Plot Summary | Add Synopsis

Plot Keywords:

reporter | rugby | pub | con artist | wales | See All (34) »

Genres:

Comedy

Certificate:

Approved | See all certifications »
Edit

Details

Country:

Language:

Release Date:

8 April 1950 (USA)  »

Also Known As:

2 Bolhoeden naar Londen  »

Company Credits

Production Co:

 »
Show detailed on  »

Technical Specs

Runtime:

Sound Mix:

(RCA Sound System)

Aspect Ratio:

1.37 : 1
See  »
Edit

Did You Know?

Trivia

Meredith Edwards receives an "introducing" credit. See more »

Quotes

Jane: I've checked the photograph of that floozy. She's a pro all right - a con woman!
Whimple: Pro and con?
Jane: A professional confidence trickster. She specializes in provincials up for a spree.
See more »

Connections

References Passport to Pimlico (1949) See more »

Soundtracks

Sospan Fach
(uncredited)
Traditional
Arranged by Ernest Irving
See more »

Frequently Asked Questions

This FAQ is empty. Add the first question.

User Reviews

 
"How much I prefer vegetables to human beings…"
8 October 2007 | by (Australia) – See all my reviews

There's plenty to love about the Ealing Studios comedies of the late 1940s and early 1950s. There's a certain laid-back attitude towards all the stories, rarely falling back upon melodrama and maintaining a solid feeling of everyday realism – the humour is much more akin to the Australian style of comedy rather than the American, and that certainly appeals to me. Charles Frend's 'A Run for Your Money' is an undiscovered gem – a term I suspect I'll be using to describe a lot of the Ealing Studio's films – from 1949. The simple story concerns Tom and David Jones, two mining brothers from the quaint Welsh town of Hafoduwchbenceubwllymarchogcoch, who win a newspaper award, and so travel to London for the first time to claim their $200 prize. Once there, the two enthusiastic young men waste no time in getting separated, and their eventful day consists of numerous coincidences, near-misses, the reacquisition of a harp, a rugby match, the boss' bowler hat, and a cunning female con-artist who tries to relieve David of his money.

This is how I like comedy the best: simple, fun and effective. The two Welsh brothers (Meredith Edwards and Donald Houston playing Tom and David, respectively) are a pair of likable larrikins, though David (called by his nickname, "Dai Number 9") is naive to the point of gullibility, and Tom ("Twm") finds it difficult to say no to a drink at any time of the day. Alec Guinness has a brilliant supporting role as Whimple, the gardening-columnist who is instructed by his newspaper editor (Clive Morton) to escort the men about London. Interestingly, he is a sort of Clouseau-esquire figure, filled with a bloated sense of self-importance that is punctuated by, above all else, his terrible luck. Fittingly, and to our great amusement, the story eventually winds up with Whimple receiving the raw end of the deal, despite his best intentions. Moira Lister is adequate as Jo, the sweet-talking Londoner who tries to scam the credulous David out of the $200 prize money.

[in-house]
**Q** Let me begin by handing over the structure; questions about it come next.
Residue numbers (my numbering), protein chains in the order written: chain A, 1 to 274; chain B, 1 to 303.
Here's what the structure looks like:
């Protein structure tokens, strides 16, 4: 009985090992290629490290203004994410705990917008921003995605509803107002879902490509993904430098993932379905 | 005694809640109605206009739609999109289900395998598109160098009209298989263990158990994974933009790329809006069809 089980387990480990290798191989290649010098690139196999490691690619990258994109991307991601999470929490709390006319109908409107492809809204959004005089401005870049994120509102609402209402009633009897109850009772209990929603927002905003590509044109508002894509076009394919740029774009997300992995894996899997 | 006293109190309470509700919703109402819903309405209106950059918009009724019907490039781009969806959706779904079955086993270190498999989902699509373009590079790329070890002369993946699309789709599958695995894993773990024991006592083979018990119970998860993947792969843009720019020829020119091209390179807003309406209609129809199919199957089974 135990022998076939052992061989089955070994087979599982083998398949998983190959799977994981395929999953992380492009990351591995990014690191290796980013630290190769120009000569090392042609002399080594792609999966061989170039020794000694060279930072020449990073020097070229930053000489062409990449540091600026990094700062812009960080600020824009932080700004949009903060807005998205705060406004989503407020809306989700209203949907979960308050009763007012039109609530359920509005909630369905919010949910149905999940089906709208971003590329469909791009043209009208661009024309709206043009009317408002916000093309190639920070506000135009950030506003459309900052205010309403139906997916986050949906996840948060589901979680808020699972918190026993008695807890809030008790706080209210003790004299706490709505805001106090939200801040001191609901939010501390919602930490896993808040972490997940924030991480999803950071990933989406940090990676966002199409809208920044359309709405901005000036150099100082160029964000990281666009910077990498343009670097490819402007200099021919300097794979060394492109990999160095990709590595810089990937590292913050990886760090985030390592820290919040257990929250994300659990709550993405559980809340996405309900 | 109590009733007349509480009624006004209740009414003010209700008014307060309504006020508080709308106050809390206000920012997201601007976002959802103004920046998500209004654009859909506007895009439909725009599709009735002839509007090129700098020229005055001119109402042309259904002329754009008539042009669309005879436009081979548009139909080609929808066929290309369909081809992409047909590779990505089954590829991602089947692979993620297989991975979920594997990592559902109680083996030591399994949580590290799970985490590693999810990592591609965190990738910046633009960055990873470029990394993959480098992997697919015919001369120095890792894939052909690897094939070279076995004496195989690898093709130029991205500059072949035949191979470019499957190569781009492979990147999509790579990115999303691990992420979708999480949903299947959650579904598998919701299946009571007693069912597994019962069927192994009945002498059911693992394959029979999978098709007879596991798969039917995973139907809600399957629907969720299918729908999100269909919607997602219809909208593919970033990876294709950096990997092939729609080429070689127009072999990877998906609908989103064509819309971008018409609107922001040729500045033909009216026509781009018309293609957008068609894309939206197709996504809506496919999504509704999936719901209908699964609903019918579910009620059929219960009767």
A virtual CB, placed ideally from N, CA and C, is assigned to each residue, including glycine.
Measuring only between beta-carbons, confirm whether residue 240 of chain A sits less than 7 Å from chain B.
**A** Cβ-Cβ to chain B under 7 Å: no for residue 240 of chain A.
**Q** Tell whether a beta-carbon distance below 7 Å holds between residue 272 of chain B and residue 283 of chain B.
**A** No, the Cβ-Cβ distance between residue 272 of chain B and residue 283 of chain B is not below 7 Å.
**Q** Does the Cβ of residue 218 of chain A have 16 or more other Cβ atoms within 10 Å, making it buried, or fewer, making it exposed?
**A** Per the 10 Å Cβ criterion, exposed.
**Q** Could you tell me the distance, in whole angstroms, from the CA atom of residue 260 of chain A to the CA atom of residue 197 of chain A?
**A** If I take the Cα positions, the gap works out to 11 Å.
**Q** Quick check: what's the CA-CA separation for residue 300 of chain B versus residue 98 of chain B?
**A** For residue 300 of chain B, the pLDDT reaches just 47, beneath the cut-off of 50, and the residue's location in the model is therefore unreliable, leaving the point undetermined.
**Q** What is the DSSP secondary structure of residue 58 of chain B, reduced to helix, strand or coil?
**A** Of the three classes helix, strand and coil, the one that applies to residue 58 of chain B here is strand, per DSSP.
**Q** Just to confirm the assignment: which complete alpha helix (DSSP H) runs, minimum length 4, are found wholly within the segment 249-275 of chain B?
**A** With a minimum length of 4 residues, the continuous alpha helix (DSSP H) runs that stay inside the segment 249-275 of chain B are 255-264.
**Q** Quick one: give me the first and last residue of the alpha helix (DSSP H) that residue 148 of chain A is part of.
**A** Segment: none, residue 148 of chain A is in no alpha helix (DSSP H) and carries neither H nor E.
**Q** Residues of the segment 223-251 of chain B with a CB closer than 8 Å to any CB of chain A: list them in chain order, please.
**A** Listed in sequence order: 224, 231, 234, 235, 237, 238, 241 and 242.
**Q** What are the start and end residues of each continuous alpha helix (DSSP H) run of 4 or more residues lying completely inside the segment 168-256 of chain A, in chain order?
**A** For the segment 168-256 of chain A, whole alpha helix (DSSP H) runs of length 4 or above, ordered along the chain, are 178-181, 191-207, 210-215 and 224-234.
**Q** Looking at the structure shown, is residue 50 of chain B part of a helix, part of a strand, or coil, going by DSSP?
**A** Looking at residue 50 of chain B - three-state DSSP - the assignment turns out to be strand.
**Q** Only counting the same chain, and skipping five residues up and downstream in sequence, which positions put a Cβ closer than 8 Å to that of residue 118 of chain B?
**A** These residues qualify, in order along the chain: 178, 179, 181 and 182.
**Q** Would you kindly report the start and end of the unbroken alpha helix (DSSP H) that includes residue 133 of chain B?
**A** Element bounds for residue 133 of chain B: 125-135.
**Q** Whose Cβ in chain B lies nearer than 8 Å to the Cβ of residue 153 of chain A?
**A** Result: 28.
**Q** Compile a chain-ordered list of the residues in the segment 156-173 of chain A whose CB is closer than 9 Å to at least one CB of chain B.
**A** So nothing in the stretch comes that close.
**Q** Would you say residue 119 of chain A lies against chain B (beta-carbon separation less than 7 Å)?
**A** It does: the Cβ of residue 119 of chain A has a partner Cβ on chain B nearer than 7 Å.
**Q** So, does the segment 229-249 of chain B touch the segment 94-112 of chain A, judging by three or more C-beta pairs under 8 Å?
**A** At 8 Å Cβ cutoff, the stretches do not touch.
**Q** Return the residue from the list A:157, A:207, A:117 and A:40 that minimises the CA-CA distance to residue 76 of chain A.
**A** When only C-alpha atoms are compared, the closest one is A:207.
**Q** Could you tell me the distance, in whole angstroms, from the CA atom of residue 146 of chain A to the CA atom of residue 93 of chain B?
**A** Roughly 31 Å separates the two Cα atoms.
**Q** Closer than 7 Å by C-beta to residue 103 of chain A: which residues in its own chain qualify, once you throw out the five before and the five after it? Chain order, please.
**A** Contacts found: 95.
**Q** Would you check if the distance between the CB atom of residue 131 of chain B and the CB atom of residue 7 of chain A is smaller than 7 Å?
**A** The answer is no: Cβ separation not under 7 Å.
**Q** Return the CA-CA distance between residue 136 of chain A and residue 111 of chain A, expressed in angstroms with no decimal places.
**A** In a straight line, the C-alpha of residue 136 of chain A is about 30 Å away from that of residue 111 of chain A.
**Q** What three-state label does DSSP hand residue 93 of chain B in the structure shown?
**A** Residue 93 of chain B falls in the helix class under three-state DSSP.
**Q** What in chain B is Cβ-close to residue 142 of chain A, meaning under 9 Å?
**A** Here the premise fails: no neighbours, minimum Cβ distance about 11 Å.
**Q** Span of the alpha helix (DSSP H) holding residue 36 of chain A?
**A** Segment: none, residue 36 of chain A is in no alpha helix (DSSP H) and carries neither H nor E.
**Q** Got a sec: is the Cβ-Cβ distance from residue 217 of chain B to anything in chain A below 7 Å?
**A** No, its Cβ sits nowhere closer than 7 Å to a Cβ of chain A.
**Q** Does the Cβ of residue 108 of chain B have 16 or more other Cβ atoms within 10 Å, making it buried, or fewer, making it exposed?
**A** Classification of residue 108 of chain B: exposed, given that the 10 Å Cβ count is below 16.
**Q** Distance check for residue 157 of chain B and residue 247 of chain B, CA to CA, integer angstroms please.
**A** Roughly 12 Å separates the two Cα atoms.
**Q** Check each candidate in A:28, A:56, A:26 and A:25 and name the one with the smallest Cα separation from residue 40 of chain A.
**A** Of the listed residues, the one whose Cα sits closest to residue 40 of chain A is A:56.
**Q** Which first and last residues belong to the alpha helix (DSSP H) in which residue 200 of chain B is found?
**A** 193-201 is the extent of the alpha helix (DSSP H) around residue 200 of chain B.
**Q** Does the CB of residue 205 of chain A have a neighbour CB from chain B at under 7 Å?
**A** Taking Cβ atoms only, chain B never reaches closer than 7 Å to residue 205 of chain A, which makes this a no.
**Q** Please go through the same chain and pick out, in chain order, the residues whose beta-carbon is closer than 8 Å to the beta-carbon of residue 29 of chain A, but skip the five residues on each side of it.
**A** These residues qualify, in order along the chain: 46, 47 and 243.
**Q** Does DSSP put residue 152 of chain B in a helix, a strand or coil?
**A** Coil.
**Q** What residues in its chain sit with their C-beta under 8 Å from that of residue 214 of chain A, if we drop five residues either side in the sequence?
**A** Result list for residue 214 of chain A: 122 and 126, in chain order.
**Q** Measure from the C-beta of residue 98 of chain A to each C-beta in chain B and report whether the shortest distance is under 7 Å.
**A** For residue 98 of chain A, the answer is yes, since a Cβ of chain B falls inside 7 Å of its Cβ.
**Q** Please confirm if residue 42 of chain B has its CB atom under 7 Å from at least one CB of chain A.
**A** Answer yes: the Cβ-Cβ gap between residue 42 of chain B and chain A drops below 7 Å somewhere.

I also noticed some solid comparisons between 'A Run for Your Money' and director Frank Capra, and the sub-plot of the female con-artist finding the heart to redeem herself was reminiscent of Jean Arthur in 'Mr. Deeds Goes to Town (1936).' Additionally, Capra always had a talent for celebrating of the "common man," a notable example being the singing on the night bus in 'In Happened One Night (1934).' This film follows a similar sort of path: Tom and David Jones certainly represent this noble "every-man" - they are first sighted hundreds of metres underground, as cheery, hard-working labourers in the mine, with sweaty hands and blackened faces. Director Charles Frend also uses a merry song to emphasise the magnificence of the small-town folk of Wales. On the train to and from London, the hundreds of good-natured Welshmen join each other in a jubilant chant, a symbol of their togetherness as a people. Conversely, the uptight folk of the big city prohibit music in their pubs, and, on one of the London trains, a simple request for directions leads to a heated dispute over the most efficient route to Twickenham.


14 of 17 people found this review helpful.  Was this review helpful to you?

Message Boards

Recent Posts
Why leeks? maytloo
Daniel Craig Topedge
filming locations mickey-cartwright
Discuss A Run for Your Money (1949) on the IMDb message boards »

Contribute to This Page

Create a character page for:
?